In fall of 2006, the administration hired a new department chair without informing any of the faculty or the chair at the time.  This new hire was made even though the administration and film faculty had not come to an agreement on whom to hire for the position.  Essentially, the president, undergraduate dean (at the time) and associate dean decided who would be best for the job, not the faculty in the department.  Following this move, the active chair decided to leave mid-year, having been completely disrespected and disregarded in the functioning of the department.  From 2005-2009, various visiting faculty who had consistent popularity among students and who taught film courses like those of the past (motion graphics, expanded cinema, hand-processing to name a few) were never invited back to teach.  Despite department-wide protests and petitioning, the administration refused to re-hire the professors.  Turmoil is never a good environment in which to study, especially in a small program where students and professors work very closely on student projects.


Shortly after announcing the layoffs, the administration and board of trustees announced the launching of a new ÔSchool of DesignÕ to be opened in fall of 2010.  IÕm no financial expert, nor am I an educator but somehow this equation just doesnÕt compute.  One month, the school is about to close, forcing the layoffs and two months later, there is enough money to start work on an entirely new school of design?  To my mind, that would require hiring new professors, acquiring new equipment, potentially hiring new staff and spending money on promotion and preparation for the additional students and course offerings.  Either there is a bit of misleading or inaccurate information or the administration has just decided to really risk the schoolÕs solvency by spending at a time of severe financial hardship.  Neither of these options seem like a good way to operate any organization.  In addition to the fiscally irresponsible nature of the decision, the school was announced publicly without the approval of the faculty senate.  At SFAI, the faculty senate (made up of tenured faculty) is the governing body for all curricular changes and developments.  The curriculum is supposed to be generated and approved by the individual members and the whole group.  This did not happen in the case of the school of design plan.  Instead it was drafted and then approved by four administrators and only three of the 37 faculty, after which it was handed over to the board as a completed document and announced to the public.  As of the last faculty senate meeting I attended in April, the majority of the group had not even known whether or not the haphazard draft was in any kind of finalized state, nor was it presented formally to the group.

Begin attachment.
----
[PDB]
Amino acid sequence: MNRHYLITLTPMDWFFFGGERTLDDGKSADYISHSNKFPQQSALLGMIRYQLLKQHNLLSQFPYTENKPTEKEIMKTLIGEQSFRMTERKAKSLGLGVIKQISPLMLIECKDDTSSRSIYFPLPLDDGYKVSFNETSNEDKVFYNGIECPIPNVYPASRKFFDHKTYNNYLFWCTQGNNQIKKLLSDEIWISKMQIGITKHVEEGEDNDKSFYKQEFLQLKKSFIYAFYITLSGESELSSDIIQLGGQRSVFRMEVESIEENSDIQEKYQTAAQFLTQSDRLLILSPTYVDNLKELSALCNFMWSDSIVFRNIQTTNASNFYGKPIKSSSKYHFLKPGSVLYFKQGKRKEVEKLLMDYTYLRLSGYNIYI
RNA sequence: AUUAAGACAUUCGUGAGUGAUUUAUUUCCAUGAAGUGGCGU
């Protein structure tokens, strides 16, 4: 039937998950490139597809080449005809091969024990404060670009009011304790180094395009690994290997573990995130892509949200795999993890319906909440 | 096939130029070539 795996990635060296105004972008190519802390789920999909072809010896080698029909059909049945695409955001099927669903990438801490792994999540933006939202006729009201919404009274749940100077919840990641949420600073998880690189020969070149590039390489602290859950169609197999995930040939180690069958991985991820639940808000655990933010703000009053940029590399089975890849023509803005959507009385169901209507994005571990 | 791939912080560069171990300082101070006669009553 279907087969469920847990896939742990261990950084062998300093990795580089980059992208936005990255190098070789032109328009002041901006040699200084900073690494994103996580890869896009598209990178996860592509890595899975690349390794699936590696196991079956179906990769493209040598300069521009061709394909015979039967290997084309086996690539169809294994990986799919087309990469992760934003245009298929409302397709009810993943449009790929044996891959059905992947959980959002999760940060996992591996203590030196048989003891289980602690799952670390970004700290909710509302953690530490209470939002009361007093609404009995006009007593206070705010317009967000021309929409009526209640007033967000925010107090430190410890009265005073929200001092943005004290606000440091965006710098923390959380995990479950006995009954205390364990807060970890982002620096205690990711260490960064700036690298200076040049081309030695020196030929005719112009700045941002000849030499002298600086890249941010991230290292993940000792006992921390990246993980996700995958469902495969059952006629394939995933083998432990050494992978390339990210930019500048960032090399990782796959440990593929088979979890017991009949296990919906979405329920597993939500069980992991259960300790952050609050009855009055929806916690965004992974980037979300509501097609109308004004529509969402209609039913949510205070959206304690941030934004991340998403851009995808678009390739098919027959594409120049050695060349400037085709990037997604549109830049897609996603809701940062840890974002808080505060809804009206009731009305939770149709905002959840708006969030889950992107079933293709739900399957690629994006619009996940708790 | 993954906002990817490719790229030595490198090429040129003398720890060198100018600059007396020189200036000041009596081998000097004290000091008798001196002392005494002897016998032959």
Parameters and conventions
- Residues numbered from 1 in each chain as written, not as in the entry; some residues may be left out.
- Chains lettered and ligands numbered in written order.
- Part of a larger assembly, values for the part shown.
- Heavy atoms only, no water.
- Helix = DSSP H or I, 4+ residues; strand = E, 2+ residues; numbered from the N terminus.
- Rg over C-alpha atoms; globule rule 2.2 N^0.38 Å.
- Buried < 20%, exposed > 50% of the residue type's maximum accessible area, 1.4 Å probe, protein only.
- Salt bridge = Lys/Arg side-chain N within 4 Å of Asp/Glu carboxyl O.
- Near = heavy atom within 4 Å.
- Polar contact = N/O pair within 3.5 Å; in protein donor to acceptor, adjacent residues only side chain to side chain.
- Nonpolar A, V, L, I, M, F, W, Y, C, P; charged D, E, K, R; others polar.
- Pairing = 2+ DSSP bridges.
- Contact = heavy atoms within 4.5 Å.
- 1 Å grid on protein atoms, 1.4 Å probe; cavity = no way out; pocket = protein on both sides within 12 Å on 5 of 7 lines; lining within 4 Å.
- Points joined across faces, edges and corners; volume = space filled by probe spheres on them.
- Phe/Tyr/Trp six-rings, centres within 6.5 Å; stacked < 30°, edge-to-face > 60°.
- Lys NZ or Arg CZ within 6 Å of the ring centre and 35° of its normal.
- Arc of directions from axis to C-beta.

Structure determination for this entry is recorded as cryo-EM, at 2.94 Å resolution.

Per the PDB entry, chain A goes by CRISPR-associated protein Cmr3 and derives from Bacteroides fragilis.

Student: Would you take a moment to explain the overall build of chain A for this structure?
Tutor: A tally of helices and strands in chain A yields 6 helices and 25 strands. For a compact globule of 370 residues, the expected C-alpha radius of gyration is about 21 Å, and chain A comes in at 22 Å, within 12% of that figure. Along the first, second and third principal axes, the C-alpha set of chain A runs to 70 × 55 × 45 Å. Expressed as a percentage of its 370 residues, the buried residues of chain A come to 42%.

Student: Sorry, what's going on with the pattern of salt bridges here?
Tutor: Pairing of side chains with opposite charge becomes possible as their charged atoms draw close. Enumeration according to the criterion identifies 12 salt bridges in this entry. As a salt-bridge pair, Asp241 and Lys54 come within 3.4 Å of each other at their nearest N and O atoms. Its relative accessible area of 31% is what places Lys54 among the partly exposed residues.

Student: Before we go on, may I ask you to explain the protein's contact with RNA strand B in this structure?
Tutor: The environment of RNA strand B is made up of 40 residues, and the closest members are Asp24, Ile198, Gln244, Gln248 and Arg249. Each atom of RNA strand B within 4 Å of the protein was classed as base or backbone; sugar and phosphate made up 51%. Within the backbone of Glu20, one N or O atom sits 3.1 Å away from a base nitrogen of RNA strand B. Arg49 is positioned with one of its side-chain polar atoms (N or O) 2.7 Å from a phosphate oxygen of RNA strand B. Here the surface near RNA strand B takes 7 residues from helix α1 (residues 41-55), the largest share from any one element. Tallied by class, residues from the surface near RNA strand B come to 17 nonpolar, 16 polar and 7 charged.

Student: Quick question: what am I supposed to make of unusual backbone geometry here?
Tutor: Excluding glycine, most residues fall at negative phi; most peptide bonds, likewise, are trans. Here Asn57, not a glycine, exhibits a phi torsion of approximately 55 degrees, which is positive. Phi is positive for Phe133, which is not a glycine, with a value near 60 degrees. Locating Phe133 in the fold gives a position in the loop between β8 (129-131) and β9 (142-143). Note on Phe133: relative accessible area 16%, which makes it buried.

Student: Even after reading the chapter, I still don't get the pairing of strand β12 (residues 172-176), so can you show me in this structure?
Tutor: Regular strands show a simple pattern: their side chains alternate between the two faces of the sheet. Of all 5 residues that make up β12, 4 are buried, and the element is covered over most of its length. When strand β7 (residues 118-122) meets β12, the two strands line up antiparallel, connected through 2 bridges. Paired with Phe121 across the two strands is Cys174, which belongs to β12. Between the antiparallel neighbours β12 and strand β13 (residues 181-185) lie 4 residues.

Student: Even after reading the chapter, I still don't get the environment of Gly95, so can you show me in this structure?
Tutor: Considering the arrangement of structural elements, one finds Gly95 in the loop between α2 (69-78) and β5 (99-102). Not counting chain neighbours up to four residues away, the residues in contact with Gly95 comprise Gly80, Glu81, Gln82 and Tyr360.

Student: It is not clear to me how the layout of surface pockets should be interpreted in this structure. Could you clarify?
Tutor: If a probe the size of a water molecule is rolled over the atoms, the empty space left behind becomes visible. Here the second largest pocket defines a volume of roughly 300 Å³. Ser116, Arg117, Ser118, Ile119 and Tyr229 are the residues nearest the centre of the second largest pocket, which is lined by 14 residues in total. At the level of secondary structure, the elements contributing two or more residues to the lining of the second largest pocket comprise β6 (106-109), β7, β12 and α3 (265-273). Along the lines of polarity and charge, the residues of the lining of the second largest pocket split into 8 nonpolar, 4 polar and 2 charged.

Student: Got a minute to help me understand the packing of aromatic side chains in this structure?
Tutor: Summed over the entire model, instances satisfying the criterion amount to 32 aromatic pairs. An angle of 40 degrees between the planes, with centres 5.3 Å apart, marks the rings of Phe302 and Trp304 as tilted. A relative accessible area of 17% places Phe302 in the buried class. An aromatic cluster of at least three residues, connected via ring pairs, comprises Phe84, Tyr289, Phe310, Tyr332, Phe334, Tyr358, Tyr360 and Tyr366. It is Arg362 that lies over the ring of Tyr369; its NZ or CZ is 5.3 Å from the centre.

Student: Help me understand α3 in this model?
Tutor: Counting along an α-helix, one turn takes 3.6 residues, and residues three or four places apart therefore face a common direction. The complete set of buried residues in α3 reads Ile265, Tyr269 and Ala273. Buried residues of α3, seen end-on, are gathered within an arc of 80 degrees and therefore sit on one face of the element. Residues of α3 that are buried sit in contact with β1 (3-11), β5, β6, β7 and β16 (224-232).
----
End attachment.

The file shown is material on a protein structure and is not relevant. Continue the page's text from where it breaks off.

Sure, thereÕs nothing wrong with creating new programs at the school, itÕs good for a school to do new things and create new courses.  WhatÕs wrong and deeply disturbing is that these decisions and plans for the future of the school are all being made by a handful of people and many of them are being made illegally.  Additionally, the school has already started new degree programs in the past four years that are still struggling with very low enrollment.